Running for Grace

Running for Grace
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faith
integrity
sex
language
violence
drugs
nudity
other

Synopsis

An orphan boy of mixed race finds family with the newly arrived white village doctor in Hawaii. The boy can run like the wind, and begins bringing Doc’s medicine to coffee pickers throughout the mountainous region. On an errand, the medicine runner meets the daughter of the plantation owner and a forbidden, young love blossoms like the white “Kona Snow” of the surrounding coffee trees.

Dove Review

Set in early 20th century, Running for Grace features a stellar cast and a strong, dramatic story that focuses on two great themes: true love conquers all, and when life knocks you down 7 times, you’ve simply got to get up 8 times. These are the lessons that a young man named Jo (Ryan Potter) must learn. He was orphaned as a boy and raised by a new doctor from the mainland (Matt Dillon) who comes to work with the locals on the Hawaiian Island. Young Jo is mixed race, called “half-breed” and considered to be bad luck among the superstitious Japanese. When the new doctor, “Doc”, sees Jo treated poorly, he takes him under his wing as a doctor, and embarks on a tireless (and expensive) path to legally adopt him.

As Doc and Jo grow in their communion with the people of this island village, we see a childhood attraction between Jo and the elite businessman’s daughter Grace transform into a grown-up, forbidden love. A love that crosses clear boundaries of culture and class. The performances of Ryan Potter and Matt Dillon draw us into this story through characters who demonstrate selfless dedication to living a life of high integrity. We see the historic battle of discrimination and elitism vs. dedication and love, and we root for Jo and Grace as they face complex issues and dramatic turns of fate.

In those turns of fate, there is excessive drinking by the elitist Doctor Reyes (Jim Caviezel) as well as selfishness and mild violence to create the tension in the story. But these performances generally give us an interesting and emotional family-movie experience as the story unfolds.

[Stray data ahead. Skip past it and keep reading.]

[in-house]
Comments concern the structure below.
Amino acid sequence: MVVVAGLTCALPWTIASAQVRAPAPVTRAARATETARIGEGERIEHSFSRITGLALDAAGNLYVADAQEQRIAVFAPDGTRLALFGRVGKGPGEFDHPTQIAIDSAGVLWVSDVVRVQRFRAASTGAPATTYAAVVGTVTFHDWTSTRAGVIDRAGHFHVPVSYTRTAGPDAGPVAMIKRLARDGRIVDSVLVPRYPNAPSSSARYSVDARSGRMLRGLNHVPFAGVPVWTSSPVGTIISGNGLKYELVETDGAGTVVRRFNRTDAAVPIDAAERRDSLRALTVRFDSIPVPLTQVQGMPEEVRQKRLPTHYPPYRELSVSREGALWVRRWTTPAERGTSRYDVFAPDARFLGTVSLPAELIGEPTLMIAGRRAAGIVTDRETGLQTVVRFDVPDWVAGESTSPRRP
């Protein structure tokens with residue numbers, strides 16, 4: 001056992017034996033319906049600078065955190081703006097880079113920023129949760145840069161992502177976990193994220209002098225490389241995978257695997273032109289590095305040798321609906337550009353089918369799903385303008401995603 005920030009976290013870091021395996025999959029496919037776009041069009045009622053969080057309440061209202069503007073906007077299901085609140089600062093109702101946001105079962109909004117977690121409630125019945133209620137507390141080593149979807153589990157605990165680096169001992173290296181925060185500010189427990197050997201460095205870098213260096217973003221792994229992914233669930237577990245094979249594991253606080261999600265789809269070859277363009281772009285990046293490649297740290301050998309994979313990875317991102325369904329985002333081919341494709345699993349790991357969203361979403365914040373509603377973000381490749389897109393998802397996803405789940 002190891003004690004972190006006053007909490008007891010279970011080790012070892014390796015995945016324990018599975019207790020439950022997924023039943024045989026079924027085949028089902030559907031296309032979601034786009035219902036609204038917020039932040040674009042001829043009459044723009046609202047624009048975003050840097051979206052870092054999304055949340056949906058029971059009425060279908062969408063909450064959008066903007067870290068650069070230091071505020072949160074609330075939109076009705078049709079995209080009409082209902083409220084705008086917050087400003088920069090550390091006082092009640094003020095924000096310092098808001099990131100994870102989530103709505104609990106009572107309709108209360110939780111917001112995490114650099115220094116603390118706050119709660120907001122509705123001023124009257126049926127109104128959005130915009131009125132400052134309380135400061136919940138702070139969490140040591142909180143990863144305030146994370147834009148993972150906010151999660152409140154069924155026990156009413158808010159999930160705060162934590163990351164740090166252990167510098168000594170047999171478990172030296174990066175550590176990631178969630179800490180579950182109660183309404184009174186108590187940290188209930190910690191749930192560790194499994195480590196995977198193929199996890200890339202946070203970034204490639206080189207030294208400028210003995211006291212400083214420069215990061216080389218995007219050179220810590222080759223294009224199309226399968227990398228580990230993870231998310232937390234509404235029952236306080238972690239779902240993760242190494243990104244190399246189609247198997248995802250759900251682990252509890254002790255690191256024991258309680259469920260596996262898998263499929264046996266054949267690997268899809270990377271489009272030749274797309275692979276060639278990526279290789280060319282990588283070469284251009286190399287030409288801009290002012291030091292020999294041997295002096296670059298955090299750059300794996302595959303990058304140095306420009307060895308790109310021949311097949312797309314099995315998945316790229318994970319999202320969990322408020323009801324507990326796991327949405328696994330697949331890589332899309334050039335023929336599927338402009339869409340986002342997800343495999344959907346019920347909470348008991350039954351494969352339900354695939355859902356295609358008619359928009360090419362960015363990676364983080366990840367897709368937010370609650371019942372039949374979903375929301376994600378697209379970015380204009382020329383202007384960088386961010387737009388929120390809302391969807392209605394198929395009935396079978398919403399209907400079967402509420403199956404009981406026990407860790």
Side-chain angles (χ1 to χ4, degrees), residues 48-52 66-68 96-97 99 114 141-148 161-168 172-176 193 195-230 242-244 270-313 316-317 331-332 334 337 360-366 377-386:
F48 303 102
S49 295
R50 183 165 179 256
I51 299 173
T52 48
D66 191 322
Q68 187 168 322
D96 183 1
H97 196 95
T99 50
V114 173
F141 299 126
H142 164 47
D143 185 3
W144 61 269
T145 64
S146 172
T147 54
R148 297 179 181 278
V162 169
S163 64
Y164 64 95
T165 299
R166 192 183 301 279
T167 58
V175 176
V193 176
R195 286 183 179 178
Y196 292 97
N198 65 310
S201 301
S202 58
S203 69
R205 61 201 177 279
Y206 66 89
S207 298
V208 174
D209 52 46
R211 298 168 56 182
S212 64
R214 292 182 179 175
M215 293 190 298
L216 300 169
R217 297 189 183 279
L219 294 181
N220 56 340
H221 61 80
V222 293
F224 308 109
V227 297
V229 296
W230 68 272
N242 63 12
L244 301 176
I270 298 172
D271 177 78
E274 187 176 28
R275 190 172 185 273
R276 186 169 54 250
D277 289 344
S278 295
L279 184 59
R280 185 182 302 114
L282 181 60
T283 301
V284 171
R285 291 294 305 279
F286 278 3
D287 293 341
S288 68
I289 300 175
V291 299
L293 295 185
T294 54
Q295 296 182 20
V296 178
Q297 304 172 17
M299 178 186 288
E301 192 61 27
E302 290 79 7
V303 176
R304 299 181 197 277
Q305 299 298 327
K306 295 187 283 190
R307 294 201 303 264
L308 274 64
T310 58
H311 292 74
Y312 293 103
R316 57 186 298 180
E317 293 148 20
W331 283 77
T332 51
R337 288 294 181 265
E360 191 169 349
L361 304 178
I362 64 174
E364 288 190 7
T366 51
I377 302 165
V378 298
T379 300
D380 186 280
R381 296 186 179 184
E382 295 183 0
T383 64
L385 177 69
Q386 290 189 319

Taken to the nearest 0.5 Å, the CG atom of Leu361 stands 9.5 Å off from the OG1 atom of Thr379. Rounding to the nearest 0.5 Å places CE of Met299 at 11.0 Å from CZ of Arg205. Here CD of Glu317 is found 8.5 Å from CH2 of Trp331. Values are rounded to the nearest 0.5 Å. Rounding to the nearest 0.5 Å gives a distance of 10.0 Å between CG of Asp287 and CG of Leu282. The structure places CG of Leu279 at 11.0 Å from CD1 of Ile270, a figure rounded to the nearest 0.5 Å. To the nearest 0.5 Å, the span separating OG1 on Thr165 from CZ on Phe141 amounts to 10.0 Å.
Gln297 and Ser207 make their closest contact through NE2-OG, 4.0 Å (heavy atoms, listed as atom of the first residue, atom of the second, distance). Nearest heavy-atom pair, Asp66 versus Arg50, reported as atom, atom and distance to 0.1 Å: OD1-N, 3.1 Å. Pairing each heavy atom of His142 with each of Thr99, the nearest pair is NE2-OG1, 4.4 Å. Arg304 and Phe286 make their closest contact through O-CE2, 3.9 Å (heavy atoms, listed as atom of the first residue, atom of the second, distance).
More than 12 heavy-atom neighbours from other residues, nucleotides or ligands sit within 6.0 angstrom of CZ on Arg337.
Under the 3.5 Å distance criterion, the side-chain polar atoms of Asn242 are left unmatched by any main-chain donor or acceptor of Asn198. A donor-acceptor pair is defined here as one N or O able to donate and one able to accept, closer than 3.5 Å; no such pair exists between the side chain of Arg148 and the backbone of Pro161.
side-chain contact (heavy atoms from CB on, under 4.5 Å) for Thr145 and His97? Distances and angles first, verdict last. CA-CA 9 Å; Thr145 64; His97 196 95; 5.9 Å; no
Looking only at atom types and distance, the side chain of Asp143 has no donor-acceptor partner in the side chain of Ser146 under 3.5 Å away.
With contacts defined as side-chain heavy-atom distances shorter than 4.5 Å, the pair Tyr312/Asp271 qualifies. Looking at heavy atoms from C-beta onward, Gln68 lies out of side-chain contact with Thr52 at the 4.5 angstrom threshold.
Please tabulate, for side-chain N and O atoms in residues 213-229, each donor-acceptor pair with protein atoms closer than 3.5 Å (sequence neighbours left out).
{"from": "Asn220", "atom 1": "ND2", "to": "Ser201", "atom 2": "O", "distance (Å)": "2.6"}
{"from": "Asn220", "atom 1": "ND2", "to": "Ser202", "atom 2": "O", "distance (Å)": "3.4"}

The Dove Take

Through sweeping, majestic vistas and powerful scenes, Running for Grace delivers a sweet and beautiful story, rich with drama that gives us another chance for important, timely conversations. We award the movie our Dove Approved 12+ Seal.

Content Description

Faith: None.
Integrity: A young man and woman want to marry for love; a doctor is kind to an orphan boy and treats him well.
Sex: A kiss on the cheek by a girl to a guy and they obviously like one another and embrace.
Language: Some language here and there including "Da*n" and "Da*mit", as well as "H*ll"; a few comments of "You idiot" and "Stupid Fool."
Violence: A driver hits another man with his car on purpose; a driver attempts to hit some other people; a man falls a good distance and is injured.
Drugs: Several scenes of drinking; man drinks from a flask and drives more than once; a woman drinks from a flask; a man is drunk in a few scenes; scenes of characters smoking cigarettes and cigars.
Nudity: None.
Other: Tension between characters; a boy is called a "half-breed" a couple of times; a man wants to marry a young woman for her money; death and grief.

Info

Company: Blue Fox Entertainment
Genre: Drama
Runtime: 110 min.
Reviewer: Ed C.